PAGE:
"When we are in our own country, we endure whatever comes our way; the crucial thing is that we live here as Armenians, bread and hunger, though difficult, are not the primary focus." [Blockade from the Inside]
18:17 - 06 August, 2023

"When we are in our own country, we endure whatever comes our way; the crucial thing is that we live here as Armenians, bread and hunger, though difficult, are not the primary focus." [Blockade from the Inside]

As I write this article, I am situated 328 km away from Stepanakert, the capital of Artsakh. From here to Rome, the distance is incredibly vast and beyond measure. I could travel to Rome, a place where fewer individuals share my memories compared to Stepanakert. However, the route to Artsakh, only 328 km away, has been inaccessible for over seven months now. Artsakh is under blockade. However, it's not just Artsakh; the roads aren't blocked solely in their direction. The roads are obstructed for us as well. Why is it possible for me to travel to Rome but not to Stepanakert? Maybe if I were in Artsakh now, my heart would feel more at ease. However, this is not my story. This short piece is about my colleague, Tatevik Aghajanyan, who resides in Stepanakert, as well as to all those living in Artsakh, who steadfastly uphold the principle of self-determination.

Tatevik Aghajanyan hails from the Khnushinak village, Martuni region, and currently resides in Stepanakert. The blockade weighs even heavier here than in the villages, as at least there people can cultivate gardens and obtain a modest harvest. Amidst the challenges of daily life and living conditions, there is an added layer of sadness stemming from being separated from loved ones. For over a month, Tatevik has been unable to visit her hometown due to the lack of transportation and fuel. Even when vehicles have managed to arrive from the village recently, it was risky to travel back to village with them: what if they would completely run out of fuel. My interlocutor works and lives in Stepanakert.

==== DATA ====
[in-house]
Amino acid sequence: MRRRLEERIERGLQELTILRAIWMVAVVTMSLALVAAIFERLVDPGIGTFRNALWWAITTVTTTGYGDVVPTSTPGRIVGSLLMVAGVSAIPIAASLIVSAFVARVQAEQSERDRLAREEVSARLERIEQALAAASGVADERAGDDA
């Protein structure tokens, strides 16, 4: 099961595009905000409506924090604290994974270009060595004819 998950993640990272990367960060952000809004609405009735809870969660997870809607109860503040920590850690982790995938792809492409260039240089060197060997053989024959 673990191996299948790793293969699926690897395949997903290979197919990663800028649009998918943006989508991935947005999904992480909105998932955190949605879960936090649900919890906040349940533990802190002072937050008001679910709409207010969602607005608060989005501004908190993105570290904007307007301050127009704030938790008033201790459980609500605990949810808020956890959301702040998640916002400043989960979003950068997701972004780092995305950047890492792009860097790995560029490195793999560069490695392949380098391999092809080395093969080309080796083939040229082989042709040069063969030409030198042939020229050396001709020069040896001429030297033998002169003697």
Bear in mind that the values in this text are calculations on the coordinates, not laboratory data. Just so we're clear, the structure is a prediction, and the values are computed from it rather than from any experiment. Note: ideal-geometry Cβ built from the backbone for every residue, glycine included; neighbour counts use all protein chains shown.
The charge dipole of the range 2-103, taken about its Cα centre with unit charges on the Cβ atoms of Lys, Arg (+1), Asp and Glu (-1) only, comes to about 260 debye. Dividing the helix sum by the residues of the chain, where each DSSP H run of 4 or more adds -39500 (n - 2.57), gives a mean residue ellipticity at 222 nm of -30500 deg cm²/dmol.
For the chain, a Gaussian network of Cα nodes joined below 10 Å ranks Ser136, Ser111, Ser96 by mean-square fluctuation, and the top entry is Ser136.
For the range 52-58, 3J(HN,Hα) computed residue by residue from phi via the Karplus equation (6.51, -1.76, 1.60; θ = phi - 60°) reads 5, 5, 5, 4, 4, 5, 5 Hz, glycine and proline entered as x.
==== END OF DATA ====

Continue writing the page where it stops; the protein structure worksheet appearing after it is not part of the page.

A handful of berries from the village

Communication issues are also prevalent in Artsakh. Maintaining communication with relatives through phone calls is not always feasible. Power outages not only impact electricity but also lead to issues with water supply. "Water pumps struggle to keep up with pumping water, resulting in periodic interruptions in the water supply. This happened after the war as well. The children come down to take water from the fountain in small bowls," sahres Tatevik, whose journalistic perspective has keenly observed numerous events unfolding outside. 

While the blockade weighs heavily on the people, Tatevik is confident that the people in Artsakh are resilient and steadfast. It is just the scenes that are hard to witness. 

"I was deeply moved when I saw a woman with tears in her eyes, observing the people waiting in line for bread. It's unfortunate that people have to wait for hours just to get a piece of bread," says Tatevik, noting that many choose not to go for bread, as waiting in line for hours under the scorching sun is incredibly challenging.